The wonderful thing about purgatory is, even though your ticket is not valid when you arrive, it can still be made valid. Purgatory is the place you pay off all those sin blocks for which corresponding payments have not yet been made. Purgatory is like permanent penance, painful and persistent. Now here is the best part. In addition to the payments your personal suffering in purgatory is purchasing, those you left behind who are still getting ready for their final vacation, and, if they wish to, can make additional payments for you, with prayers, burning of candles, and making novenas, for example, and those payments can be applied to your account, accelerating the validation of your ticket and shortening your stay in purgatory.

Synchretism

From our short overview of these four world's religions, there is something for everyone, whatever their temperament, tastes, or ambitions. If these four do not fit one's taste, some religion somewhere certainly offers just the right balance of demand and promise to reassure anyone they really are a good person, and everything will ultimately work out alright. There are Hinduism, Sikhism, Juche, Jainism, Shinto, Cao Dai, Zoroastrianism, Tenrikyo, Rastafarianism, and Scientology to consider. If none of those appeal there is always some synchretistic form of religion, like Baha'i to try.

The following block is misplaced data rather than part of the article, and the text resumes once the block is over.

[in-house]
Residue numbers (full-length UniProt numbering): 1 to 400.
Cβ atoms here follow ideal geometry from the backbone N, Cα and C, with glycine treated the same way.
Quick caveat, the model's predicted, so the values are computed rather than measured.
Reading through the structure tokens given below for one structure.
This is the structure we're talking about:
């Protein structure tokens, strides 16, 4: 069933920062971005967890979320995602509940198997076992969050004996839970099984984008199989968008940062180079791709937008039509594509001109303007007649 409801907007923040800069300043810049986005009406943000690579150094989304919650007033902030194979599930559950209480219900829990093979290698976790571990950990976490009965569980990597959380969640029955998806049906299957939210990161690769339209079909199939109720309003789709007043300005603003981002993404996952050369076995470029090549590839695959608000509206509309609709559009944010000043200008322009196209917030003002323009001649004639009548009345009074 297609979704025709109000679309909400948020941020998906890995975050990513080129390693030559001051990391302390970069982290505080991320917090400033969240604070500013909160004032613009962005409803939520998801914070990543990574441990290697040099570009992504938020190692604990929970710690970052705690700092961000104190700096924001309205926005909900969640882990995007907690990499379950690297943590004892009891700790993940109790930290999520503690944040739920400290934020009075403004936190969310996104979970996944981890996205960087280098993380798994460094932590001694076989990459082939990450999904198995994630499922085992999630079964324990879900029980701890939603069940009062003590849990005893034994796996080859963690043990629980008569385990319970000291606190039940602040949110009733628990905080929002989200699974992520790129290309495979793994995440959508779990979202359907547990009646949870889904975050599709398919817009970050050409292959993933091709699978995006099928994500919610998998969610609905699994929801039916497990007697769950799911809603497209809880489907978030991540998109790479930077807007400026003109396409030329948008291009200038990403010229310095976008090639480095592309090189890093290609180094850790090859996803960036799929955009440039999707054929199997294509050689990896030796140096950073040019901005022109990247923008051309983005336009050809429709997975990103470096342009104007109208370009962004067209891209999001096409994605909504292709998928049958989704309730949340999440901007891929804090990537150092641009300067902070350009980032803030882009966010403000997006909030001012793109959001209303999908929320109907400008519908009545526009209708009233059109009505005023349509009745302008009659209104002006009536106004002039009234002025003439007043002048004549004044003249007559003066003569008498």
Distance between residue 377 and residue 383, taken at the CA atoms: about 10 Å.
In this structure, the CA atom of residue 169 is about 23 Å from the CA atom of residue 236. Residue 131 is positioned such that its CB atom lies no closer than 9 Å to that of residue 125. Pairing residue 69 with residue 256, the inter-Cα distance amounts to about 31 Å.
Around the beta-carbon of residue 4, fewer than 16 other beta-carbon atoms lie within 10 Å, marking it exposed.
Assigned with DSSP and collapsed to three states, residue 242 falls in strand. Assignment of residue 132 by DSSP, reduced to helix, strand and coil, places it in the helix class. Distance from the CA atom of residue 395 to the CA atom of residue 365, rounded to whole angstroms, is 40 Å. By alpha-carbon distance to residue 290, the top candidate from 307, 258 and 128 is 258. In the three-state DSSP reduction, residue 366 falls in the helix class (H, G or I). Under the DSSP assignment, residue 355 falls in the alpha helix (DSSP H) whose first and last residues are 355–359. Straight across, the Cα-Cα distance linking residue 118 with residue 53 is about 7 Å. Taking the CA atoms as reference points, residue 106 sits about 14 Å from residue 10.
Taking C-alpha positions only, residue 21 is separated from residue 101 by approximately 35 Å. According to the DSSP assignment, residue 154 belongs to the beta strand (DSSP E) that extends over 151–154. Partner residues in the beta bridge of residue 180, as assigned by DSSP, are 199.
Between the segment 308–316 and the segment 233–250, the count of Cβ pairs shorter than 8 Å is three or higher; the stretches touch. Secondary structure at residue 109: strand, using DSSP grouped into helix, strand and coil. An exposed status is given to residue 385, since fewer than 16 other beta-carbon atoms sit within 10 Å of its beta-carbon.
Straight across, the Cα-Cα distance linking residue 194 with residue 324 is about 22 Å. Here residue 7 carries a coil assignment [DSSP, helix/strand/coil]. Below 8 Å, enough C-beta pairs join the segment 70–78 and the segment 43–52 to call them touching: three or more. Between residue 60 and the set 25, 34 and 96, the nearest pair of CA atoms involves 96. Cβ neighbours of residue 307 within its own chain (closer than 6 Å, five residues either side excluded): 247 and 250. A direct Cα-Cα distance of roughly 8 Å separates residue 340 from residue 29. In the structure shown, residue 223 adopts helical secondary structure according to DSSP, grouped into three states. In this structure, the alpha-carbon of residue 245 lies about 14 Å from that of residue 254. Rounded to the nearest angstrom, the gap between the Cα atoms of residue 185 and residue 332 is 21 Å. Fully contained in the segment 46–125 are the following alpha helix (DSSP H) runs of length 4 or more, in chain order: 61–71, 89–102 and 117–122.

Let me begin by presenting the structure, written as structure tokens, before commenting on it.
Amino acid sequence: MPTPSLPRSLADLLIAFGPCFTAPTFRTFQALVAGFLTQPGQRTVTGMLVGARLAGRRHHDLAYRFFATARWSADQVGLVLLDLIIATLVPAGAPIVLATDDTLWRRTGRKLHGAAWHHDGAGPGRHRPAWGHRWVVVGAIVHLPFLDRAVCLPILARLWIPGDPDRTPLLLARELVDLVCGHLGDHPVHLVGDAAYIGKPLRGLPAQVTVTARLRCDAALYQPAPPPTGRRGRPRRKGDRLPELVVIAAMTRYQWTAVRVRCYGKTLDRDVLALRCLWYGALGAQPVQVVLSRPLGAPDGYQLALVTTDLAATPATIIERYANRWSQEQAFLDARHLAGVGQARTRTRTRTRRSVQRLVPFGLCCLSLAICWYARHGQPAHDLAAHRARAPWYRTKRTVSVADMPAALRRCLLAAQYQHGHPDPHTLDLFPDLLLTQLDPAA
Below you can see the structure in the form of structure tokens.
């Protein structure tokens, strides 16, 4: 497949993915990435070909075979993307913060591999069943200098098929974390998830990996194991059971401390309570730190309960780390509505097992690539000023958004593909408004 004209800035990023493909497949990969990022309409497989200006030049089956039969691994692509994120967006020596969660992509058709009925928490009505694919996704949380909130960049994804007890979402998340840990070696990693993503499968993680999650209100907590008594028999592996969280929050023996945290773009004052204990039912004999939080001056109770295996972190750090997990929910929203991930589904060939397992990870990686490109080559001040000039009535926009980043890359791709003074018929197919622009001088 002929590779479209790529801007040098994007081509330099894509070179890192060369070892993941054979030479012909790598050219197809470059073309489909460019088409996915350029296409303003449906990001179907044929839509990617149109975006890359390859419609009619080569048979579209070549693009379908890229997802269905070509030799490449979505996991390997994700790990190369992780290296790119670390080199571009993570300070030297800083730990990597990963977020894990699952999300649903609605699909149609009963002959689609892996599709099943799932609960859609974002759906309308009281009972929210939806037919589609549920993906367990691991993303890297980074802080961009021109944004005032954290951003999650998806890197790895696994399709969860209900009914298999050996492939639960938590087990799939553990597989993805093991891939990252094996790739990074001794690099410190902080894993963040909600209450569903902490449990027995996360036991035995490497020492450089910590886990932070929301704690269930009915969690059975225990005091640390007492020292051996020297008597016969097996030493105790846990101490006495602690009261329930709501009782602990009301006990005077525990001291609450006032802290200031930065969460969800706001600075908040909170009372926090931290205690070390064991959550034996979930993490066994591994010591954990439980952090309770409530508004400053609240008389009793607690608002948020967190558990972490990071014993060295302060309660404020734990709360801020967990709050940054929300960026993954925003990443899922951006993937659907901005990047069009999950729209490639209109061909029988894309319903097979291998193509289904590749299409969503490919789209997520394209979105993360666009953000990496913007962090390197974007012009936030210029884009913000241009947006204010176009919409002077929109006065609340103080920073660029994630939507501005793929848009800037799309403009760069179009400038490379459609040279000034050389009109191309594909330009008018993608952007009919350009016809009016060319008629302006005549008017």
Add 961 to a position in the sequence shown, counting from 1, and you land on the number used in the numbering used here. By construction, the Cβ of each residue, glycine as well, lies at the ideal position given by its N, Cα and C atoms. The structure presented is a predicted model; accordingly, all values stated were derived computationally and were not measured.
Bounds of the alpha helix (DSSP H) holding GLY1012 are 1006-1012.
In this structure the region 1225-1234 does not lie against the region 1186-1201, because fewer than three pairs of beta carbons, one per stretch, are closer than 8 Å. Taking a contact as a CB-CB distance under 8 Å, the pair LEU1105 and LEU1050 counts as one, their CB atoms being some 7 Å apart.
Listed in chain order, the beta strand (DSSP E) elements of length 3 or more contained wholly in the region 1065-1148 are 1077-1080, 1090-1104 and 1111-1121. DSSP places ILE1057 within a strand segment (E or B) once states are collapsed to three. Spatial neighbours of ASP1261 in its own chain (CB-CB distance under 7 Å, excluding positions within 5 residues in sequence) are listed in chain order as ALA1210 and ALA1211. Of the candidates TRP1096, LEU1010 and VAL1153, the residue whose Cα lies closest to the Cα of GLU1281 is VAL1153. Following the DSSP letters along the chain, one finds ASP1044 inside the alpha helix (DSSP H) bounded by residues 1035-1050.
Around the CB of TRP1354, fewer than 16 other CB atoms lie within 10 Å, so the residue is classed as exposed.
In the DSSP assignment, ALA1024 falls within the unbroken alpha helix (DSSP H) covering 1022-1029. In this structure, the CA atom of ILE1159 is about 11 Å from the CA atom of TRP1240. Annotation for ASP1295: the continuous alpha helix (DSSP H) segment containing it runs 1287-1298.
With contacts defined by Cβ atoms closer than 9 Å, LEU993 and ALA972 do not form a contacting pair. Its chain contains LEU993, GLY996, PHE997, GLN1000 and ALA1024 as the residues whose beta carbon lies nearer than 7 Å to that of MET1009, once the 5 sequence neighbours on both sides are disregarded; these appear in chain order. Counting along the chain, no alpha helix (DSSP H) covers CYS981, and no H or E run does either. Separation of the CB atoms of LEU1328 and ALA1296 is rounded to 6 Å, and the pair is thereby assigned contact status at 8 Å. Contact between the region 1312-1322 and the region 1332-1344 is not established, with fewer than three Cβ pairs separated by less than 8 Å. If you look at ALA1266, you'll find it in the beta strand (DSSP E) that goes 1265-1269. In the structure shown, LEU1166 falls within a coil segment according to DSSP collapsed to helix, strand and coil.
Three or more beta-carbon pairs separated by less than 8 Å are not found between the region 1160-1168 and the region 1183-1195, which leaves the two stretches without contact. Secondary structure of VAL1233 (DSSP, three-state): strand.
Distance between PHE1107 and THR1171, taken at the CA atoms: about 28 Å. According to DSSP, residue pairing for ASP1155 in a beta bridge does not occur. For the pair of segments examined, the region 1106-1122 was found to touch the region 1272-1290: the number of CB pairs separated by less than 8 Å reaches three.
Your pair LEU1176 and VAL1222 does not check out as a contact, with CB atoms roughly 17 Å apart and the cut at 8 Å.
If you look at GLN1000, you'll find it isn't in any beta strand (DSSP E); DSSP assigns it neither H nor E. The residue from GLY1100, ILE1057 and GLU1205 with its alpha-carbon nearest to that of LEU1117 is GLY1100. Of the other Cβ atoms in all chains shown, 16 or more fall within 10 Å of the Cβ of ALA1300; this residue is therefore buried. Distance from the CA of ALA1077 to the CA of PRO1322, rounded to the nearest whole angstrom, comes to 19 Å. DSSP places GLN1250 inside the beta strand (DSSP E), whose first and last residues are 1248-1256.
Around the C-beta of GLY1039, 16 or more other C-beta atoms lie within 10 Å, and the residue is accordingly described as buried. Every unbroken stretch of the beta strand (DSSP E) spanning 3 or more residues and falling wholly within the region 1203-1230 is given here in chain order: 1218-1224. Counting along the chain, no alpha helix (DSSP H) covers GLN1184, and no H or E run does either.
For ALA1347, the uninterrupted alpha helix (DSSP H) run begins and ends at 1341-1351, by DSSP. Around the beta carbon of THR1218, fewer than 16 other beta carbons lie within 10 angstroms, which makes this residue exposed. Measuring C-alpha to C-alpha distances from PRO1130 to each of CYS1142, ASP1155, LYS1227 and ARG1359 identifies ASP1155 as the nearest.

Synchretistic religions deny they are synchretistic, but then describe themselves as borrowing parts of other religions to make the new religion. Baha'i, for example, borrows primarily from Islam, Christianity, and sociology.

Final Note About Religion

While all religions have something to say about how people should live in this world, for the most part, the important part of religion is the next world. Yet, throughout history, and continuing today, wars have been fought and murders committed for the sake of religion. This is very strange. In the total scheme of things, human beings do not live very long. Whatever one does not like about someone else's religion, how can it be worth killing, dying, or fighting a war over. In a few years everyone will be in heaven or Nirvana, getting ready for their next life, or wishing they had done some things differently. Why not cool it a few years. What's a few years out of eternity? If one didn't know better, one might think religious zealots don't really believe what they claim to believe and take the present life much more seriously than they ought to.

There are some who would like to stamp religion out altogether, but the problems they think they would solve by doing that would only wear a different face and be a lot less easy to identify. Religion will never be "stamped out." Mankind is hopelessly gullible and always ready to believe anything that promises a short-cut to success and happiness, if not in this world, then in the next. The promoters of all religions prefer the promises of the next world, because no one can examine them. [This is the advantage religionists have over all other self-help and personal development scams.]

—(07/12/17)